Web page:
- New School Stimulus Generation Techniques - Online | July 9th
Techniques for generating verification stimulus have been around as long there have been designs to verify. As the designs being verified have become more complex, stimulus generation techniques have evolved to address the emerging requirements. From directed tests to random test generation to graph-based intelligent testbench automation, development of these stimulus generation techniques has evolved from specific verification challenges. The development of a new stimulus generation technique rarely results in the obsolescence of previously-created stimulus generation techniques. Picking the right stimulus generation techniques to use is crucial to efficiently achieving quality functional verification results. This session will explore the three dominant stimulus generation techniques used today for functional verification to identify; the characteristics of stimulus generated by each technique, where each technique best applies on its own and how these new school techniques can be combined to achieve even greater verification value.
- Evolution of Debug - Online | July 28th
"Old school" debug typically involves applying vectors directly to the design, a level of self-checking and then exploring the design with source, waves, and others to figure out what went wrong. With "new school" verification methodologies (UVM, randomization and golden reference models) the debug techniques need to be expanded. This session covers how you use the best of both worlds to find problems faster and to better answer "am I done yet".
- New School Regression Control - Online | August 27th
Getting the very best from your verification resources requires a regression system that understands the verification process and is tightly integrated with Workload Management and Distributed Resource Management software. Both requirements depend on visibility into available software and hardware resources, and by combining their strengths, users can massively improve productivity by reducing unnecessary verification cycles.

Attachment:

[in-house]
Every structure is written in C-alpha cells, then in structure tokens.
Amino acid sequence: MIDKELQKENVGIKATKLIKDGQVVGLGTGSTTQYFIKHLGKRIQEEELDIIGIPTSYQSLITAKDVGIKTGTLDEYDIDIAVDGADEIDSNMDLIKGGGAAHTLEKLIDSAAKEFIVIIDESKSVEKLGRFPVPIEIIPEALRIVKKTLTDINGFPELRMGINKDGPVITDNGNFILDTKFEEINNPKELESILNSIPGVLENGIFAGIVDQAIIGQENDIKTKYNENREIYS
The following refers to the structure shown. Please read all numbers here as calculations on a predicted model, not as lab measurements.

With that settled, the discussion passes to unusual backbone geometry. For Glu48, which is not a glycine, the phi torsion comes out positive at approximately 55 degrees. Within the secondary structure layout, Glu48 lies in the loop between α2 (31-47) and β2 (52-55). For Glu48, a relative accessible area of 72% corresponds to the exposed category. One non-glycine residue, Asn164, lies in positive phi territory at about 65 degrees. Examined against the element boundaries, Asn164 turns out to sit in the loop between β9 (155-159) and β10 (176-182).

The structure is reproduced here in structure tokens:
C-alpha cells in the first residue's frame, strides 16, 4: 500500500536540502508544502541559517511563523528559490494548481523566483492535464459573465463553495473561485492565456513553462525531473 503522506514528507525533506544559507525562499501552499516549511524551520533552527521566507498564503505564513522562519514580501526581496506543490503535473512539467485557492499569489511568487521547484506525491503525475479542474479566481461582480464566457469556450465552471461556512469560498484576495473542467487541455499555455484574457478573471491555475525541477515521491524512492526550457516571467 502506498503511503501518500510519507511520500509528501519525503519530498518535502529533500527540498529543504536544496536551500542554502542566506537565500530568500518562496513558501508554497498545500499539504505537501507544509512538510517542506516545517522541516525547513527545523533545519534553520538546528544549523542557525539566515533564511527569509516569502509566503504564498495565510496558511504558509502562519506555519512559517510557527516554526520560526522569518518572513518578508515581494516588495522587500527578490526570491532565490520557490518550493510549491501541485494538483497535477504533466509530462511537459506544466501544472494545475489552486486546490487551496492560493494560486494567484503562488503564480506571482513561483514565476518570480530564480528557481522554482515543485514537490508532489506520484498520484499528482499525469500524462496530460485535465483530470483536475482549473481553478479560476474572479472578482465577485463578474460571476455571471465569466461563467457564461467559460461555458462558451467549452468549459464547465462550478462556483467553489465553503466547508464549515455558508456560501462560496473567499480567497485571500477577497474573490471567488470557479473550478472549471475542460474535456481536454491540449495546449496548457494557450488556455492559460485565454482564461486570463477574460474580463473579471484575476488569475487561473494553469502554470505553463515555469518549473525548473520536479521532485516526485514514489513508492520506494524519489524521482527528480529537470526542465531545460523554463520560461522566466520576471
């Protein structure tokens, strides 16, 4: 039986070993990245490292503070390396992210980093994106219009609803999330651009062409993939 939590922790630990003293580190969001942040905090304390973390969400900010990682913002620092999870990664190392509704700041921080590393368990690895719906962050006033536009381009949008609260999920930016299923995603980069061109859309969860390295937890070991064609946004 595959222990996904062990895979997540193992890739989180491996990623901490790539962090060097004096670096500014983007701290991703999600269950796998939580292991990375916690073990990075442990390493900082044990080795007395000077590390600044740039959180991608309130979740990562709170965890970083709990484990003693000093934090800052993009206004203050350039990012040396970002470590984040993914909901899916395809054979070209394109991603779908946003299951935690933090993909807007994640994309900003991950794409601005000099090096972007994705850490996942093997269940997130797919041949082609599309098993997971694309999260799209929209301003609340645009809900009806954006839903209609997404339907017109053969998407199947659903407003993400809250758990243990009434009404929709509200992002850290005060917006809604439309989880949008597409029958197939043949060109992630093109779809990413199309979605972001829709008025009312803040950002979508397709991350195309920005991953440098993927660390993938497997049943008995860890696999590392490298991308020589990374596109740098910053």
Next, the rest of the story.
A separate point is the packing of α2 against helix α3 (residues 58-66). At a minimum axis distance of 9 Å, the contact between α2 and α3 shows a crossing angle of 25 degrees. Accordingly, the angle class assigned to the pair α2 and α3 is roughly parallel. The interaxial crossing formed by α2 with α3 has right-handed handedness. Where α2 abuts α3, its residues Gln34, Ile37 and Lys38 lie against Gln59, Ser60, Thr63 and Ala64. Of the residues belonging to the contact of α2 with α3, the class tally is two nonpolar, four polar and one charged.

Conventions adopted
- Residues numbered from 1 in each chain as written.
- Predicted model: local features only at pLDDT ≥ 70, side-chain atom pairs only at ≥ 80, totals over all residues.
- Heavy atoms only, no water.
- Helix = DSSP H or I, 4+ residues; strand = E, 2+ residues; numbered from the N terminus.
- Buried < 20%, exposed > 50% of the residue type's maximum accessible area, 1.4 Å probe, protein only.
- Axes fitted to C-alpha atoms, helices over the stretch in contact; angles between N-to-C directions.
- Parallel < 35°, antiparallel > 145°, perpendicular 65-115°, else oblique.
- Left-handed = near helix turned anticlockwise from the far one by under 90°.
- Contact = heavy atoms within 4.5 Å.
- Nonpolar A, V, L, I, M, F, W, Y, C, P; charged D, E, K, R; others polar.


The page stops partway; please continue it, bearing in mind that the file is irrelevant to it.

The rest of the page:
This session will show how adding control and visibility to these systems, and then better integrating them, will help your organization get the very best from every verification dollar. It will also highlight how separating control from the configuration data in a regression system improves maintenance and user productivity. Major features can be coded into the system itself instead of added as a series of scripts with multiple calling levels, which often lead to a debug nightmare.
- New Low Power Verification Techniques - Online | September 10th
IEEE 1801 UPF enables specification of power intent early in the design flow, to drive both verification and implementation processes. But power management decisions must be made incrementally throughout the flow, often by different people at each stage. Power intent specifications need to be structured in a manner that reflects these stages, to organize the information effectively, to ensure clear communication among IP providers, designers, and implementers, and to maximize reuse of power intent. This session highlights a "new school" low power methodology termed "successive refinement" that uses the strength of UPF in just such a structured approach. It will explain what kinds of power intent information should be captured at each stage, which features of UPF are involved in doing so, and how this structured approach benefits both IP providers and IP users.
View the entire Functional Verification Calendar.